Health experts says epidemics of dengue are becoming larger and more frequent

 

Countries across South-East Asia are battling a rapid increase in cases of dengue fever.

 

Statistics show a dramatic surge in infections from the mosquito-born disease in countries from Vietnam to even the region's wealthiest state, Singapore, where figures show cases of dengue rising to 401 new infections last week alone.

 

Larvae of the Aedes mosquito can bread
anywhere there is stagnant water
The Singapore government classifies anything over 378 as an epidemic.

 

In neighbouring Malaysia some 22,596 cases of dengue fever have been reported this year - already 55 per cent more than the total number of cases last year.

 

Of those, 47 people have died - an increase of 17 per cent from 2006.

 

Dengue fever is spread by the aedes mosquito, and causes flu-like symptoms, nausea, aching joints and fatigue.

 

In severe cases it can also lead to extensive internal bleeding, but as yet there is no cure and no vaccine.

 

'Unprecedented'

 

Dengue fever


Transmitted by the bite of the day-feeing Aedes mosquito

Dengue symptoms often resemble flu-like aches in initial stages; most severe form can cause haemorrhaging

Dengue caused by one of four related viruses; infection provides immunity to only to that virus serotype

Disease orginates in tropical and subtropical areas, but cases reported elsewhere from mosquitos carried in imported plants

Source: US Centers for Disease Control and Prevention

Worldwide the disease affects about 50 million people every year, with South-East Asia one of the main areas where the disease is on the rise.

 

Margaret Chan, director of the World Health Organisation, says the rise in dengue cases is partly due to changing rainfall patterns and rapid urbanisation.

 

As a result, she told Al Jazeera, "we’re seeing dengue fever coming in big numbers and we are seeing malaria occurring in places it did not occur before."

 

The soaring number of cases, she said, was "consuming hospital services and clinic services in an unprecedented way."

 

Visiting one Kuala Lumpur hospital, we spoke to twelve-year-old Muhamed Syahrul, recovering from a severe case of dengue.

 

Muhamed told us several of his school friends have also had dengue.

 

At its peak, his mother said, the disease had caused his brain to swell so much he was incoherent for two days.

 

Fogging

 

Muhamed Syahrul survived a
severe case of dengue
"It's not right," she said, adding the government needed to do more to fight the disease.

 

"Before someone is bitten they should take action. It's only when someone comes down with dengue that they fog the area."

 

Fogging involves the spraying of an insecticide that kills adult mosquitoes.

 

But fogging is not especially effective unless the actual breeding sites are also destroyed.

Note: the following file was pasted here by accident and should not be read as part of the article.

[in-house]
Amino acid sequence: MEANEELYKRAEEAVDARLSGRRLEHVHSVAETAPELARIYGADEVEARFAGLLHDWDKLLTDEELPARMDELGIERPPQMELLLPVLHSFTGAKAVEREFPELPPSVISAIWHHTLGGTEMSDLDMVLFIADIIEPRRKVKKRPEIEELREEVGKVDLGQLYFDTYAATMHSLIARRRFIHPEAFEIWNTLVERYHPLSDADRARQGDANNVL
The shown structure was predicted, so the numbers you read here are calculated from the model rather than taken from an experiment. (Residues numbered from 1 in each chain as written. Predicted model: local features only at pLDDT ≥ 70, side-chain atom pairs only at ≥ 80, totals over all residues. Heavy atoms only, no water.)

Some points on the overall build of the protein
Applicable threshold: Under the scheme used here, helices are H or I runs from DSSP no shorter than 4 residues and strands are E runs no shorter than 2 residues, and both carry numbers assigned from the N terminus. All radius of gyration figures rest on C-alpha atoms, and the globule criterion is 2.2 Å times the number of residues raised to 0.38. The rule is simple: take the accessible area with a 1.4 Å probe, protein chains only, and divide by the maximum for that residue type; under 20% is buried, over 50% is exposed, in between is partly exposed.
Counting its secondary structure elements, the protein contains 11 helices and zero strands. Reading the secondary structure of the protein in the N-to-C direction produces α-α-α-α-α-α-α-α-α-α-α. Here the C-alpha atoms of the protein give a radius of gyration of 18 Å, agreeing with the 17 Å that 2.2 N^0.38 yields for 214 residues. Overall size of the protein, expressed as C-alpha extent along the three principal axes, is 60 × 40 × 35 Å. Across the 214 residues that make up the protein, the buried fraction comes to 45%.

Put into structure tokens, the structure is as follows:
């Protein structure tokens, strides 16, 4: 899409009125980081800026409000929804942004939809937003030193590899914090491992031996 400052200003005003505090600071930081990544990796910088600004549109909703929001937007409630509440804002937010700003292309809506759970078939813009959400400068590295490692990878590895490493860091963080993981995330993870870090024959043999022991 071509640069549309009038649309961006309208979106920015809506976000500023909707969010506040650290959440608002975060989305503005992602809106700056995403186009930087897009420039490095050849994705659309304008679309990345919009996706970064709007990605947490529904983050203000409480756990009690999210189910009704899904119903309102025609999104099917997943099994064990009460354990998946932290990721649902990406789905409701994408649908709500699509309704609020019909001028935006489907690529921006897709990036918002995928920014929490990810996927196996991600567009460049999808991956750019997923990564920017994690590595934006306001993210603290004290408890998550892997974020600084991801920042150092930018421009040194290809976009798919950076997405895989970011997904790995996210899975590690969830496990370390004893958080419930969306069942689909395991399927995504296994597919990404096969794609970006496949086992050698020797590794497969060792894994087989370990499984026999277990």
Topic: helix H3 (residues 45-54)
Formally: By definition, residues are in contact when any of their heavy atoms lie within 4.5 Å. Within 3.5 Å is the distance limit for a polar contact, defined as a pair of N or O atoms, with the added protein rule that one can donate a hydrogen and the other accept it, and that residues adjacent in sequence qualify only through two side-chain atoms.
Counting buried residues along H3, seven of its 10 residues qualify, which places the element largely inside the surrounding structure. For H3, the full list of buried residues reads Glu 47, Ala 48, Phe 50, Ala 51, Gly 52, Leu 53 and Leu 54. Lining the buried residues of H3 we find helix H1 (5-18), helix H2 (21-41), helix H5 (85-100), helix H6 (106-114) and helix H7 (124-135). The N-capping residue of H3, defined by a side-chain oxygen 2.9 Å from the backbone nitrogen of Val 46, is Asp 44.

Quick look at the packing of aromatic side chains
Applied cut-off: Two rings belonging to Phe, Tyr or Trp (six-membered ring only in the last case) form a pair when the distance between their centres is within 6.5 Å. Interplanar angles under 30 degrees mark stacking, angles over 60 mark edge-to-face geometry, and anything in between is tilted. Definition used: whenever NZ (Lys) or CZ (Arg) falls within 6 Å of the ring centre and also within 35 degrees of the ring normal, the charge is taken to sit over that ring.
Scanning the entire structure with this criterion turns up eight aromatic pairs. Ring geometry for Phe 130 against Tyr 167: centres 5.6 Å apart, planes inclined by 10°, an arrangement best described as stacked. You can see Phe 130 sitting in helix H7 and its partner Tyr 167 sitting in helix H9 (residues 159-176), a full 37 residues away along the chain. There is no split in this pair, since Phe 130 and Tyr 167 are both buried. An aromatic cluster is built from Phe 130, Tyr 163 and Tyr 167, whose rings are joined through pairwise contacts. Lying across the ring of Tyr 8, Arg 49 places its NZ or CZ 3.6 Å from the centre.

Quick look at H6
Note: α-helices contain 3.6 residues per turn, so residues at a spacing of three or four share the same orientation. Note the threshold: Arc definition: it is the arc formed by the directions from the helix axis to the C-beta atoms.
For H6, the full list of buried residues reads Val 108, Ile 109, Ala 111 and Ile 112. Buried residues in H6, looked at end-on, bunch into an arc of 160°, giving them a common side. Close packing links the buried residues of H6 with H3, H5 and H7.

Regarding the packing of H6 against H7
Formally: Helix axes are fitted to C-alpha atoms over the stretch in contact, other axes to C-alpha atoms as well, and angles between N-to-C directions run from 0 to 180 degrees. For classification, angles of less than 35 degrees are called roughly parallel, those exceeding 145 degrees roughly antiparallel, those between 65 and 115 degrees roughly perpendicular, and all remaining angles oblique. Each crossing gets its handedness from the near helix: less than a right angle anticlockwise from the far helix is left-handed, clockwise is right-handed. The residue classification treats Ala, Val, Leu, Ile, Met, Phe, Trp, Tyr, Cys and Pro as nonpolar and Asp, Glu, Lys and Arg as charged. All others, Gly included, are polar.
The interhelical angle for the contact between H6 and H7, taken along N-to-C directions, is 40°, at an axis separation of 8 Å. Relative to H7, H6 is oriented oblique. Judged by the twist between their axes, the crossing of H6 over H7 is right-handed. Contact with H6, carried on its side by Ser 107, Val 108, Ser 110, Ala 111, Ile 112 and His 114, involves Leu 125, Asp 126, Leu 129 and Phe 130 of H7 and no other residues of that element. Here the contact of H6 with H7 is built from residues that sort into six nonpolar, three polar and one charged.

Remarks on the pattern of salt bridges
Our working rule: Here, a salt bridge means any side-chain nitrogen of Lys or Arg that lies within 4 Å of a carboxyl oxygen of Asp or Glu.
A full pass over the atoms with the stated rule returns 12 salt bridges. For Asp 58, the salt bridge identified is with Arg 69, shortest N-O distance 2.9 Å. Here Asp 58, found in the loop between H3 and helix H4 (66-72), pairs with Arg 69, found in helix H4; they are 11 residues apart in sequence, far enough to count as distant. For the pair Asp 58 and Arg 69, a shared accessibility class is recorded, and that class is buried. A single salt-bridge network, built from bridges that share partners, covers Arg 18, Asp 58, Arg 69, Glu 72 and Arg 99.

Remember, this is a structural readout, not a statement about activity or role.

Joining one of the dengue patrol teams from Malaysia's ministry of health we visited one block of flats in suburban Kuala Lumpur that has become one of many dengue hotspots.

 

More than 27 people in this block alone have already come down with dengue this year.

Dengue fine

Fogging to kill mosquitos barely manages
to keep the disease at bay

It wasn't long before we found signs of dengue breeding grounds.

 

In the first flat the team found mosquito larvae in a bathroom. Back in the lab, the larvae are proved to be Aedes, so the owner now faces a $150 fine.

 

But even that steep sum has not proved much of a deterrent said medical officer Dr Ida Yanti.

 

"Occasionally when we go one month, one week later, sometimes we see same problem happening in the same house," she told us.

 

Faced with a growing number of dengue cases the Malaysian government is trying a different tack, trying to make control of the disease everybody’s problem.

 

It has recruited volunteer groups to keep their own communities free of breeding sites.

Escalation

Dr Lum says cases of dengue are only
likely to escalate yet further

But there is still a long way to go.

 

While most efforts focus on removing potential breeding grounds from individual households, other potential sites in public areas such as construction sites, blocked drains and piles of rubbish are largely ignored.

 

Dr Lucy Lum, a paediatrician at the University of Malaya, has been watching the progress of dengue for 17 years and says she thinks the dengue problem will continue to rise.

 

"With more urbanization, with population coming into the urban areas, I think the disease is going to escalate," she said.

 

"We are very, very concerned that it is going to spread to large areas with global warming and with people travelling. It can only spread."

Source: Al Jazeera